US Airways Completes Restructuring

US Airways Group, Inc. and seven subsidiaries today completed all required transactions and satisfied all remaining conditions to its reorganization plan, allowing the company to meet its March 31 target for fast-track emergence from Chapter 11 bankruptcy protection.
US Airways also closed on exit facilities that provide the company with $1.24 billion in liquidity, including a $240 million equity investment from the Retirement Systems of Alabama Holdings LLC (RSA), and a $1 billion loan - $900 million of which is guaranteed by the Air Transportation Stabilization Board (ATSB). The remaining $100 million of at risk funds are provided by RSA ($75 million) and Bank of America N.A. ($25 million). All funds were received today. The company repaid RSA $372 million owed on the debtor-in-possession facility, and also paid RSA $9.4 million of administrative rent, and paid structuring, loan syndication, collateral agent, loan administration and professional fees and expenses totaling approximately $48 million.
“We were able to complete this process due to the cooperation and participation of our employees and other stakeholders, all of whom have made enormous sacrifices, but have supported our efforts to reposition the company for success,” said David N. Siegel, US Airways president and chief executive officer. “Securing the $1.24 billion of added capital funds was critical to boosting our liquidity, executing our business plan, and weathering the very difficult operating environment that airlines face due to the Iraqi war and general economic weakness.” Siegel said that in total, the completion of the process involved more than 700 transactions related to contracts and financing arrangements governing all aspects of operations for US Airways Group, Inc.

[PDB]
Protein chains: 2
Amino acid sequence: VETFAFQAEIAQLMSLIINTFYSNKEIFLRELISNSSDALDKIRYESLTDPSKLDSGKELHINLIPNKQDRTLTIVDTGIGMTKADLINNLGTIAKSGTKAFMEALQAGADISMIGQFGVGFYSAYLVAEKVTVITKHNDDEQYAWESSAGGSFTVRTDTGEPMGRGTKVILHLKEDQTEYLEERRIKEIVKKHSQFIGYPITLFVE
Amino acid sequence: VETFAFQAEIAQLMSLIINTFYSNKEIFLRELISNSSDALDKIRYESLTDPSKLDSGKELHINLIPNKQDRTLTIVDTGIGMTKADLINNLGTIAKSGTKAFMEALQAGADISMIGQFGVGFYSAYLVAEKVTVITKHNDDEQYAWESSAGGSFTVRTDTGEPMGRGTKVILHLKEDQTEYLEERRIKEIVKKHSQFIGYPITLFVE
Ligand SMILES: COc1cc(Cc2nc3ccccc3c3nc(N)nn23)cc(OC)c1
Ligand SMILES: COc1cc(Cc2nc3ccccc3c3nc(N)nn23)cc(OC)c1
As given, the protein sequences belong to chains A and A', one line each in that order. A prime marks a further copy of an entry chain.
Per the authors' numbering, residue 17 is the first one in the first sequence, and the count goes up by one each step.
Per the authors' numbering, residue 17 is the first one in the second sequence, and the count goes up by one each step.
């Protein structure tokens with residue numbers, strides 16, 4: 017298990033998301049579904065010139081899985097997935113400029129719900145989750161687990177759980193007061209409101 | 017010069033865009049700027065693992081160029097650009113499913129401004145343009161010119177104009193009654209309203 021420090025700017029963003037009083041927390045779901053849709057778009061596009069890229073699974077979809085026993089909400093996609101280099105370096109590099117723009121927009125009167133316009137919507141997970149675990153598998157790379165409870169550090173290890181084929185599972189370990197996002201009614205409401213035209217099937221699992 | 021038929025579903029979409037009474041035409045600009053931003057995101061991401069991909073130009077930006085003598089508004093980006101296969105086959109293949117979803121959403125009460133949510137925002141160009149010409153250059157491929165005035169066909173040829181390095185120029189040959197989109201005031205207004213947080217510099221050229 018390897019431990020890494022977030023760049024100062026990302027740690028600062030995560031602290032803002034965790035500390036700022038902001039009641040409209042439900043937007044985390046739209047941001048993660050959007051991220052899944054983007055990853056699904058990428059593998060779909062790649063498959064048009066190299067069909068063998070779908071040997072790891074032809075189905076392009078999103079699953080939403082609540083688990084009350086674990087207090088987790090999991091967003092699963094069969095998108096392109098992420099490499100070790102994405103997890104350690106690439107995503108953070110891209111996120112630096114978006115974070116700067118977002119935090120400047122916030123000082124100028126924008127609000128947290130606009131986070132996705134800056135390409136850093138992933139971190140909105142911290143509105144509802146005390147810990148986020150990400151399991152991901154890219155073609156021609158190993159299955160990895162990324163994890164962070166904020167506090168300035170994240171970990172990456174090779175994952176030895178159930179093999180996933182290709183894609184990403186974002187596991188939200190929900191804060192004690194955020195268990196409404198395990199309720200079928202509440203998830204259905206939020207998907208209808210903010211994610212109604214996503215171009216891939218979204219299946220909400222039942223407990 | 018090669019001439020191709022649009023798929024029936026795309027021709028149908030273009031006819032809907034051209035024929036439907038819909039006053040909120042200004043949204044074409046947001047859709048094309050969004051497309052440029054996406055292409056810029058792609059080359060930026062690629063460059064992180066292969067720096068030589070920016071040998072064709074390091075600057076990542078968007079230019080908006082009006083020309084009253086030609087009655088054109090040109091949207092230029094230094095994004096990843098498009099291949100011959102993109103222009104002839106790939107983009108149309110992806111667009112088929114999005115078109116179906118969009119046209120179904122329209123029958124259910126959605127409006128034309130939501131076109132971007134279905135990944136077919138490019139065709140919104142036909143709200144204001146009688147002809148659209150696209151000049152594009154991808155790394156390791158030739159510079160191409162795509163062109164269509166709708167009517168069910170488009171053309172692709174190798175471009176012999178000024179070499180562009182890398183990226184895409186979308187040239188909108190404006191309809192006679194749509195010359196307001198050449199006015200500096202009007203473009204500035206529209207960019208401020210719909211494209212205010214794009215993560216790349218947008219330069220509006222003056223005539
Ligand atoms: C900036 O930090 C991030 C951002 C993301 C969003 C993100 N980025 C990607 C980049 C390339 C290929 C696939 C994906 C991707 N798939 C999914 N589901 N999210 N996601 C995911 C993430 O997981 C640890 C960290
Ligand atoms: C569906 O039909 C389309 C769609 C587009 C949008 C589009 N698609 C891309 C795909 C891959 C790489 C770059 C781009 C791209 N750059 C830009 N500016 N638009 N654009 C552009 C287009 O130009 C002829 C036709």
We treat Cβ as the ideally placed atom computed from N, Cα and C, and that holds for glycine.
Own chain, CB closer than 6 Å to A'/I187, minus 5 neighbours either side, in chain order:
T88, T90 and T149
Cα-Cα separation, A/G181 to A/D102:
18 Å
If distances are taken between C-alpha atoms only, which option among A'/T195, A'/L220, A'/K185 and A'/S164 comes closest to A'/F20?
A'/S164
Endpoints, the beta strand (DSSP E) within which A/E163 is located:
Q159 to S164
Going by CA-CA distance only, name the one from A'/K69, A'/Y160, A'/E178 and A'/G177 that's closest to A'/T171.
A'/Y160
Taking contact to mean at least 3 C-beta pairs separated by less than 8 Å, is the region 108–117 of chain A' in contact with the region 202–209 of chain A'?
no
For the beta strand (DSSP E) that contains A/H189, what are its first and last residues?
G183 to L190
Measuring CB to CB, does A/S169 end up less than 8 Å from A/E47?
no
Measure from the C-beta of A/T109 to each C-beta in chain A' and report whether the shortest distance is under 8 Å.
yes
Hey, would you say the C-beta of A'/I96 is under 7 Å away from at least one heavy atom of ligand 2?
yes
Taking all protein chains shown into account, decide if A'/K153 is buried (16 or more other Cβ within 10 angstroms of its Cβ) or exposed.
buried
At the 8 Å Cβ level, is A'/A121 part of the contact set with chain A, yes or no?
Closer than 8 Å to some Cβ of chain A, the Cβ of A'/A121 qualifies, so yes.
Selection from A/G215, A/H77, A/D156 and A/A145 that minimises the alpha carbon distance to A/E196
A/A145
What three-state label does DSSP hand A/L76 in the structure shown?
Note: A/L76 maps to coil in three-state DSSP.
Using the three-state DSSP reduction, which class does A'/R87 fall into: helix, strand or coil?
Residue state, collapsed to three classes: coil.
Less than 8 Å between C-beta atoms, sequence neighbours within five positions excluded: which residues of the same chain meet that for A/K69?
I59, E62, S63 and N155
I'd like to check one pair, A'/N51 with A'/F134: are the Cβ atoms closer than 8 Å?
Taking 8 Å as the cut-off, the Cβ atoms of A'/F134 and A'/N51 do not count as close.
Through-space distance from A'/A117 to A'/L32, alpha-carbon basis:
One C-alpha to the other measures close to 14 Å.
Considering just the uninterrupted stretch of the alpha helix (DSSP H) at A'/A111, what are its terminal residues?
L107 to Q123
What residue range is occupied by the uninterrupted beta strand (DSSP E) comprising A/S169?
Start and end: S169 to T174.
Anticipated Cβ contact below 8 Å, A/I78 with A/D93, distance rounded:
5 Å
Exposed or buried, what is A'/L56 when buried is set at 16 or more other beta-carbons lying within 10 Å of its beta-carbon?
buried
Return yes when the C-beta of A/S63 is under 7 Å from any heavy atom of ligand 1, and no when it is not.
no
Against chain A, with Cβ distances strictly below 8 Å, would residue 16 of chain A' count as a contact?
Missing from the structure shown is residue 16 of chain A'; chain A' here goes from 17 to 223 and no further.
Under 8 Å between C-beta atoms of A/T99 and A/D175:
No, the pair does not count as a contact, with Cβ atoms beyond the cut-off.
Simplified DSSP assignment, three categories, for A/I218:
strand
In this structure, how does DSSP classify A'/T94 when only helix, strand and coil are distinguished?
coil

In addition, US Airways announced that it has entered into a five and one-half year agreement with Bank of America to process the company`s credit card transactions, effective May 15, 2003, upon the termination of its current agreement with National Processing Corp.

On another matter, Siegel said that US Airways continues to negotiate with both Embraer and Bombardier for regional jets and anticipates placing a significant order in the near future. US Airways` new regional airline division, MidAtlantic Airways, should start taking delivery of regional jets in the fall of 2003 and begin operations in the fourth quarter of 2003.

Continuing to feel the impact of the Iraqi war, the company has informed Allegheny County authorities that it has set an effective rejection date of Jan. 5, 2004, to complete the renegotiation of leases at Pittsburgh International Airport and related facilities. Consequently, the existing leases were not assumed. “As the industry continues to restructure and the focus of our operations at Pittsburgh shifts to accommodate more regional jets, we need the flexibility of renegotiating our leases at that airport and the broader campus of buildings,” said Siegel. “We have had a strong relationship with the Pittsburgh community and, as I expressed to political leaders, we will be working closely with them to find ways to reduce our operating costs and utilize our facilities to best suit our business plan and operational needs. Allegheny County Chief Executive Jim Roddey has long been a US Airways supporter and we look forward to working with him to find a mutually beneficial solution.”